A Search Engine • History of Search Engines
Before search engines existed, the best way to navigate the Internet was
through search directories such as Yahoo, the Open Directory Project, and
Best of the Web. But these had some weaknesses. Because they
were actually categorized lists of web sites, directories did not allow
someone to search individual pages within a site. Furthermore, the
categorization system limited how and when sites revealed themselves.
And because directories were managed by people, they were limited in size
and quickly became out of date. Carefully curated directories such
as ADirectory do have a place,
however, when searching for reference information about particular subjects.
Search directories were far from perfect, and that got people thinking about better solutions. Enter the search engine.
Search engines are different than search directories in that, instead of being a list of categories, a search engine is essentially a huge database that contains information from individual web sites and their web pages.
Unlike search directories, search engines use spiders or "bots" to gather web pages and read the information stored on them. They then use algorithms to index that information. The result is that search engines are more specific tools than search directories — they can help users find detailed and relevant information quickly. In addition, they categorize web site content more broadly — a web site is not limited to only one category, for example, but may appear as a result of several different keyword searches. Furthermore, a search engine's web site information is periodically updated, so it is consistently up to date.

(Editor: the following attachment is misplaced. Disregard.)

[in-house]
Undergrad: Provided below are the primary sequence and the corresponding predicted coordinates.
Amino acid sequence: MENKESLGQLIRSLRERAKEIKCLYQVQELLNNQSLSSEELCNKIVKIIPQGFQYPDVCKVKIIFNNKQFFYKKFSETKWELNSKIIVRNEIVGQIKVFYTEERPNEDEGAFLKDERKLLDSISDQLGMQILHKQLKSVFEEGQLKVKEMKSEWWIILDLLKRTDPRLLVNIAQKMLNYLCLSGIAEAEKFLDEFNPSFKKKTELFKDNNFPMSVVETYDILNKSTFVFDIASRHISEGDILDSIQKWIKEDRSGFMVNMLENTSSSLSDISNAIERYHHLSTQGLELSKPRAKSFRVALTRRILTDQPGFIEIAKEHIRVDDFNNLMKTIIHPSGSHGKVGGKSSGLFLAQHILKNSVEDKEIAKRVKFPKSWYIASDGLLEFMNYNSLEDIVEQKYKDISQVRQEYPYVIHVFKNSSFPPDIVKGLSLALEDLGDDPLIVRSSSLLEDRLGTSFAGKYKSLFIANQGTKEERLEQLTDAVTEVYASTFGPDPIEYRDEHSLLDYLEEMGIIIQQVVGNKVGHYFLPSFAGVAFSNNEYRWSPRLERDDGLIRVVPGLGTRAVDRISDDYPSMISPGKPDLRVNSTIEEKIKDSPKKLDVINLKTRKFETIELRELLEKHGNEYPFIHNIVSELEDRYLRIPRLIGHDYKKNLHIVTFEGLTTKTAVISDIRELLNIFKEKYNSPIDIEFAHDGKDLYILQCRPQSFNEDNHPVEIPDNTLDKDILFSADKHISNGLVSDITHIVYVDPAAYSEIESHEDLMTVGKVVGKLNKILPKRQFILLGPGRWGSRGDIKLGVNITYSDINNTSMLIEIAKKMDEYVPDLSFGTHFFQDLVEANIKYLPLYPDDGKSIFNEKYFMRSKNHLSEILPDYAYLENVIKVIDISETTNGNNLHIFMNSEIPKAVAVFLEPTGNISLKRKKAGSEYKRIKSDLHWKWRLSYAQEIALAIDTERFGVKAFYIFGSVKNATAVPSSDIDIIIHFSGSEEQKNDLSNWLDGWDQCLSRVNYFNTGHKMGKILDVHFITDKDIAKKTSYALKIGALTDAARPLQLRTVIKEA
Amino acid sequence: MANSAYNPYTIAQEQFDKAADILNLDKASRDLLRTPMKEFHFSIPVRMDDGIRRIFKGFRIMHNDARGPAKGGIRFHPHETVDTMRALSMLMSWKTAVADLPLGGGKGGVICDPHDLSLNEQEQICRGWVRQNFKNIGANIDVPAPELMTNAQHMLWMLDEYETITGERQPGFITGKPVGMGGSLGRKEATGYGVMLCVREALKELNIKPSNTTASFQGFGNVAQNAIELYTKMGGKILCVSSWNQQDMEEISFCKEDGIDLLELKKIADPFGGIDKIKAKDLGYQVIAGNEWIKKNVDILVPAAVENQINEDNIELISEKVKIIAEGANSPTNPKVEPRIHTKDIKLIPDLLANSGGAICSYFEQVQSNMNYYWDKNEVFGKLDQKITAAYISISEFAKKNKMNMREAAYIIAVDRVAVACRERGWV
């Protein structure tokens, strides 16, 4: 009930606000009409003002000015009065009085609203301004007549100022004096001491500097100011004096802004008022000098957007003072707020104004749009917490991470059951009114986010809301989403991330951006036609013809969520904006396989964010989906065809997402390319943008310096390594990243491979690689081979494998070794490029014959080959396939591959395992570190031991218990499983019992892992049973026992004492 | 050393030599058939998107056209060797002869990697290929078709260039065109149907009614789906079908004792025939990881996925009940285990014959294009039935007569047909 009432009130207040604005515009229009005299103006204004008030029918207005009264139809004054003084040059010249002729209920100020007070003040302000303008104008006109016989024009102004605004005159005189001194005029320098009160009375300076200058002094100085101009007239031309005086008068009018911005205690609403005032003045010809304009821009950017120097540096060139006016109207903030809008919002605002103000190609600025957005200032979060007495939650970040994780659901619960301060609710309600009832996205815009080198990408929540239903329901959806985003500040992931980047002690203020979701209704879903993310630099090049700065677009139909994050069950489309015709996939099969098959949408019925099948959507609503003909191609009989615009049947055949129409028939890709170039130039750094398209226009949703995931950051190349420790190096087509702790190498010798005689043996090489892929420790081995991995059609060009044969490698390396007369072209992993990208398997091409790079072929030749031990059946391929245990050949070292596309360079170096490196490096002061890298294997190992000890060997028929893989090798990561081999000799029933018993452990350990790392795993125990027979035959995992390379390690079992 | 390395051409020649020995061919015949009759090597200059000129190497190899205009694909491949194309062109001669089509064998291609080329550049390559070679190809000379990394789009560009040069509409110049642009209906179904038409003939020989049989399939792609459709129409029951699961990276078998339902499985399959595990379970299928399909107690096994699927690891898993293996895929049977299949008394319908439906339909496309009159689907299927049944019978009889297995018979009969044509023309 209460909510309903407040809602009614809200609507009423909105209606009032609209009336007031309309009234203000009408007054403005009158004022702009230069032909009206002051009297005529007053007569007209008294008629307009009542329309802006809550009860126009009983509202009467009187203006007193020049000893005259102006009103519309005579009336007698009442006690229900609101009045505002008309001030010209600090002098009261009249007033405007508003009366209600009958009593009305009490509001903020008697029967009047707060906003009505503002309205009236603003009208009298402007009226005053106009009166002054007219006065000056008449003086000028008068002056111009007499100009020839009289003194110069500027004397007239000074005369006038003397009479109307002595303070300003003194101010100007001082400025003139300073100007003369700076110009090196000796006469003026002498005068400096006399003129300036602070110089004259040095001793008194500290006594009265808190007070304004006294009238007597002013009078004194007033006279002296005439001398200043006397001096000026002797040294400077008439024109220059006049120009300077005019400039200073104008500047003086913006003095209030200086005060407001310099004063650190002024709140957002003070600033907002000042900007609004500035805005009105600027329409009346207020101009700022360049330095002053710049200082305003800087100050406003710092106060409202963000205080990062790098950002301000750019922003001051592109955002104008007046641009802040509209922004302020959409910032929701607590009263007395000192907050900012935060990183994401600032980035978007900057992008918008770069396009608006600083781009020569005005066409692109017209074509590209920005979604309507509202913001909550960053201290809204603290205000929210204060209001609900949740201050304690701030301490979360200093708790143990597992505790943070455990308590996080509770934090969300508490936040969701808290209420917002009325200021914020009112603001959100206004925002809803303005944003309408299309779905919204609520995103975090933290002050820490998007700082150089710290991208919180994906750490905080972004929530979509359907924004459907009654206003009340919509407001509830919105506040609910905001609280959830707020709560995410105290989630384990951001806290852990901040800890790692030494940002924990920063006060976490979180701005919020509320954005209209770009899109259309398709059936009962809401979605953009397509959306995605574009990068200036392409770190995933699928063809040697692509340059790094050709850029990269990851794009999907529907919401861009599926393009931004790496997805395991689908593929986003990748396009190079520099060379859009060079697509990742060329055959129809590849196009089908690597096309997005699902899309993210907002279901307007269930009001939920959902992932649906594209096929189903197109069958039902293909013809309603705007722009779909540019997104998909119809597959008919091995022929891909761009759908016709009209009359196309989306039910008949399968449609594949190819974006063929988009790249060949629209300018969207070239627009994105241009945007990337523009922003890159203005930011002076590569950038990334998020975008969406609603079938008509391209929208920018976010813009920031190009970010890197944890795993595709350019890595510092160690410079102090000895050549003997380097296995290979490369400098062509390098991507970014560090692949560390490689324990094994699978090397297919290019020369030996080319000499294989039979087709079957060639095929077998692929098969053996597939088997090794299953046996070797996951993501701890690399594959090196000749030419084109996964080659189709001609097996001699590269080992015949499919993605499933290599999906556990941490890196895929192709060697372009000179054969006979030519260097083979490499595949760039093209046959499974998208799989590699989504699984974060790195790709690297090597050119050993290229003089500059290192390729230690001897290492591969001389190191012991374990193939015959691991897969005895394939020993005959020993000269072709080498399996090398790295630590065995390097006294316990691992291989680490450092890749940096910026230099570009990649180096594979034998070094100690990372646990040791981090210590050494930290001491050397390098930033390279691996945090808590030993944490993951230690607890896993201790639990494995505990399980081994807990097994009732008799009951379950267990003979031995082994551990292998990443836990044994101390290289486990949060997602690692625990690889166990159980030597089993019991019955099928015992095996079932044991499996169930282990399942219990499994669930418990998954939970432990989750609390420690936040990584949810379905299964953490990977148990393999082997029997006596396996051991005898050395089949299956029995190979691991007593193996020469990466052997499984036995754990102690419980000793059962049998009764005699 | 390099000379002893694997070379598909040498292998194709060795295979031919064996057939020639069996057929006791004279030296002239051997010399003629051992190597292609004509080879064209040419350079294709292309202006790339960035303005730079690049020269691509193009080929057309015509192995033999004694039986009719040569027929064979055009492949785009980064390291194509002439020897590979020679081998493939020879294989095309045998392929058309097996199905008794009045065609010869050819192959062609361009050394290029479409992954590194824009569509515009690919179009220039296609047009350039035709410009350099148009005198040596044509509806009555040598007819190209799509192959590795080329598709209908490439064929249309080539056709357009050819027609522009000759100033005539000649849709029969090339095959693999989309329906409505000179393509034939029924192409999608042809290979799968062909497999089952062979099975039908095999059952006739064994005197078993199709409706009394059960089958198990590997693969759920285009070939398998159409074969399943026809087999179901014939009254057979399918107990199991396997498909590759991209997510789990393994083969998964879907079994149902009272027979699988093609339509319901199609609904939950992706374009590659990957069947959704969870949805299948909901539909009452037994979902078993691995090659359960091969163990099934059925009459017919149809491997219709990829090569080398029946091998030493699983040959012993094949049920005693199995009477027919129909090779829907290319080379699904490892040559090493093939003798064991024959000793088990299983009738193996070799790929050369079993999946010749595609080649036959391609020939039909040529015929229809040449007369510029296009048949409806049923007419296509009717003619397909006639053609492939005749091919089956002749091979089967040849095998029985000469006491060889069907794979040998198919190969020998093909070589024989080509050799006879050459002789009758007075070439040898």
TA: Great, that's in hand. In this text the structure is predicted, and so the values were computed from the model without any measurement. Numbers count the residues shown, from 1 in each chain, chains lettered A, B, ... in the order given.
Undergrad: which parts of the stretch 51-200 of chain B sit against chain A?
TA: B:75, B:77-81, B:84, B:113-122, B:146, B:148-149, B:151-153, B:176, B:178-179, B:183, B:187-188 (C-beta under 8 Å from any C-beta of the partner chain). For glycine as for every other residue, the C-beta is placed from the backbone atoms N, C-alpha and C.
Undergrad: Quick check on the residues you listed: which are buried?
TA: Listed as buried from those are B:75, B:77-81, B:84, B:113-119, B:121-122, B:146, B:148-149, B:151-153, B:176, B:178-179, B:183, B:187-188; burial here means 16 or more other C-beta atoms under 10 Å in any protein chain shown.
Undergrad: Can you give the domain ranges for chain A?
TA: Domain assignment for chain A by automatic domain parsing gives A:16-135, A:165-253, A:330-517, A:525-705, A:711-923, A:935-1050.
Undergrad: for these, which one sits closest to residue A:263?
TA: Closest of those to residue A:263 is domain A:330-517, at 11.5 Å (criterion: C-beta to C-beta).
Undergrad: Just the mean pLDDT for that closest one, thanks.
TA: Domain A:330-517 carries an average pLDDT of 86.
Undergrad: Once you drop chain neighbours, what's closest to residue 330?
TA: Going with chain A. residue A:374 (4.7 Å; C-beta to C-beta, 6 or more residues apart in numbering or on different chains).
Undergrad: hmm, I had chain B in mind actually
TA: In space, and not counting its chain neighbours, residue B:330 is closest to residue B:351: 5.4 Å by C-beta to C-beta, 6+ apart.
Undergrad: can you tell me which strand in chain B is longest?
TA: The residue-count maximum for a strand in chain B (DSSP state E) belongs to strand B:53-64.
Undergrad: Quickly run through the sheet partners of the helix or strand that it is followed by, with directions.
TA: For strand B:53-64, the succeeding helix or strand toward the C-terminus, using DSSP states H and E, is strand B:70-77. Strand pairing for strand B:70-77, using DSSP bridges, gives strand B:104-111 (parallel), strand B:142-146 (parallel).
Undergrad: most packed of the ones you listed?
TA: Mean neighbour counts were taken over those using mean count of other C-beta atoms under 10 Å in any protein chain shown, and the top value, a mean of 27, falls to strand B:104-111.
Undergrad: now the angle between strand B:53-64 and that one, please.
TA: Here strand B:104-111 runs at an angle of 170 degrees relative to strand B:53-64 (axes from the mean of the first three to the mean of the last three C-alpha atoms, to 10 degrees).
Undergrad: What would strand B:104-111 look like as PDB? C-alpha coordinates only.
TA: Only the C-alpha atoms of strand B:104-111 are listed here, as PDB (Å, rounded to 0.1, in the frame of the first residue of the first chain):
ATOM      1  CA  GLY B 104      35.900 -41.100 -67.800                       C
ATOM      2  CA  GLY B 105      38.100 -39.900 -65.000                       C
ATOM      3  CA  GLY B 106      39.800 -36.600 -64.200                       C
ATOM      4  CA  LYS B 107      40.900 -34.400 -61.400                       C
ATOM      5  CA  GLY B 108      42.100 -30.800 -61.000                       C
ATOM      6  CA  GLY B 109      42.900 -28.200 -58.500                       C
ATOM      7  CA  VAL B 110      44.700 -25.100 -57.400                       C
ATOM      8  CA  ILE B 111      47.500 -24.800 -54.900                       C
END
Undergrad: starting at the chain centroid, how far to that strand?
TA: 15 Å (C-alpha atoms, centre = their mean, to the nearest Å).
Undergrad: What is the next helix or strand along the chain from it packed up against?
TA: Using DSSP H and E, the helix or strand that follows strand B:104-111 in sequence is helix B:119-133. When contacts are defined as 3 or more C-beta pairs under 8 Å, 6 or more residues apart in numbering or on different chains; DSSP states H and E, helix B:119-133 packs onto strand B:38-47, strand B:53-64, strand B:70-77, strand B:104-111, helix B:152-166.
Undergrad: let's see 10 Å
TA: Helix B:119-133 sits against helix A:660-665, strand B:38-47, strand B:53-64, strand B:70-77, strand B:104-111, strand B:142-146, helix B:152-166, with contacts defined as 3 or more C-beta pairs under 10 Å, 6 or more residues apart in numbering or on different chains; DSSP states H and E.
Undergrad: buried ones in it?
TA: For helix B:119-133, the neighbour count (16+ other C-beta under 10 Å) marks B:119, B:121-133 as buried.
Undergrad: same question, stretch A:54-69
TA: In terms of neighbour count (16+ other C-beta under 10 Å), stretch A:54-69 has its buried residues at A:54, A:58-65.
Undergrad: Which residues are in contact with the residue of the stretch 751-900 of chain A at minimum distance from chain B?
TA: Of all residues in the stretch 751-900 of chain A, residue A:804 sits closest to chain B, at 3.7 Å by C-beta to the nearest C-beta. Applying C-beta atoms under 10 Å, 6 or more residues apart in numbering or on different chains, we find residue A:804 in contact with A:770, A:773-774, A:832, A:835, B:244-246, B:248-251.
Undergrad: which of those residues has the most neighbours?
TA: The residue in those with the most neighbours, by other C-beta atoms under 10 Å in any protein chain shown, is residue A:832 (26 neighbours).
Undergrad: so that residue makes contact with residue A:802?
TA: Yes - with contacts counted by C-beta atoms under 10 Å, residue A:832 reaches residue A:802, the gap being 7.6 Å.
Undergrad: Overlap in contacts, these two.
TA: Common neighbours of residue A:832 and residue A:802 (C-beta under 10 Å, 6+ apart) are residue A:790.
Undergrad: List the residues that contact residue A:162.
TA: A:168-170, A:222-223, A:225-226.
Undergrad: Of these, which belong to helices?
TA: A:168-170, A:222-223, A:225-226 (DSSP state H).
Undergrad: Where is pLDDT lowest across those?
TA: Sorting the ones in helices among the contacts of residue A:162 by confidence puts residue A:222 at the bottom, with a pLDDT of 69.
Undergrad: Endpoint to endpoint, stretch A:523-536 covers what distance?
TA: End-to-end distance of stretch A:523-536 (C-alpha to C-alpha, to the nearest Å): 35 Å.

The precursor to today's modern search engine was the World Wide Web Wanderer, which was a bot initially designed to measure the growth of the web by counting active web servers. One of the problems with the Wanderer was its inefficiency — it accessed the same pages hundreds of times per day, and caused significant server performance issues. In response to the Wanderer, improved bot-fed search engines such as JumpStation, the World Wide Web Worm, and the Repository-Based Software Engineering (RBSE) spider were introduced.
In 1998, Google came on the scene with some new technology that allowed the search engine to analyze "back links" pointing to a particular web site. In 1999, AOL selected Google as a search engine, followed by Yahoo a year later. The subsequent introduction of the Google toolbar and AdWords program rocketed Google to the top of all search engines. Today, Google is the most commonly used search engine on the web. Yahoo, MSN, AOL, and Ask.com are other popular search engines.
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About Search Engines - The History of Search Engines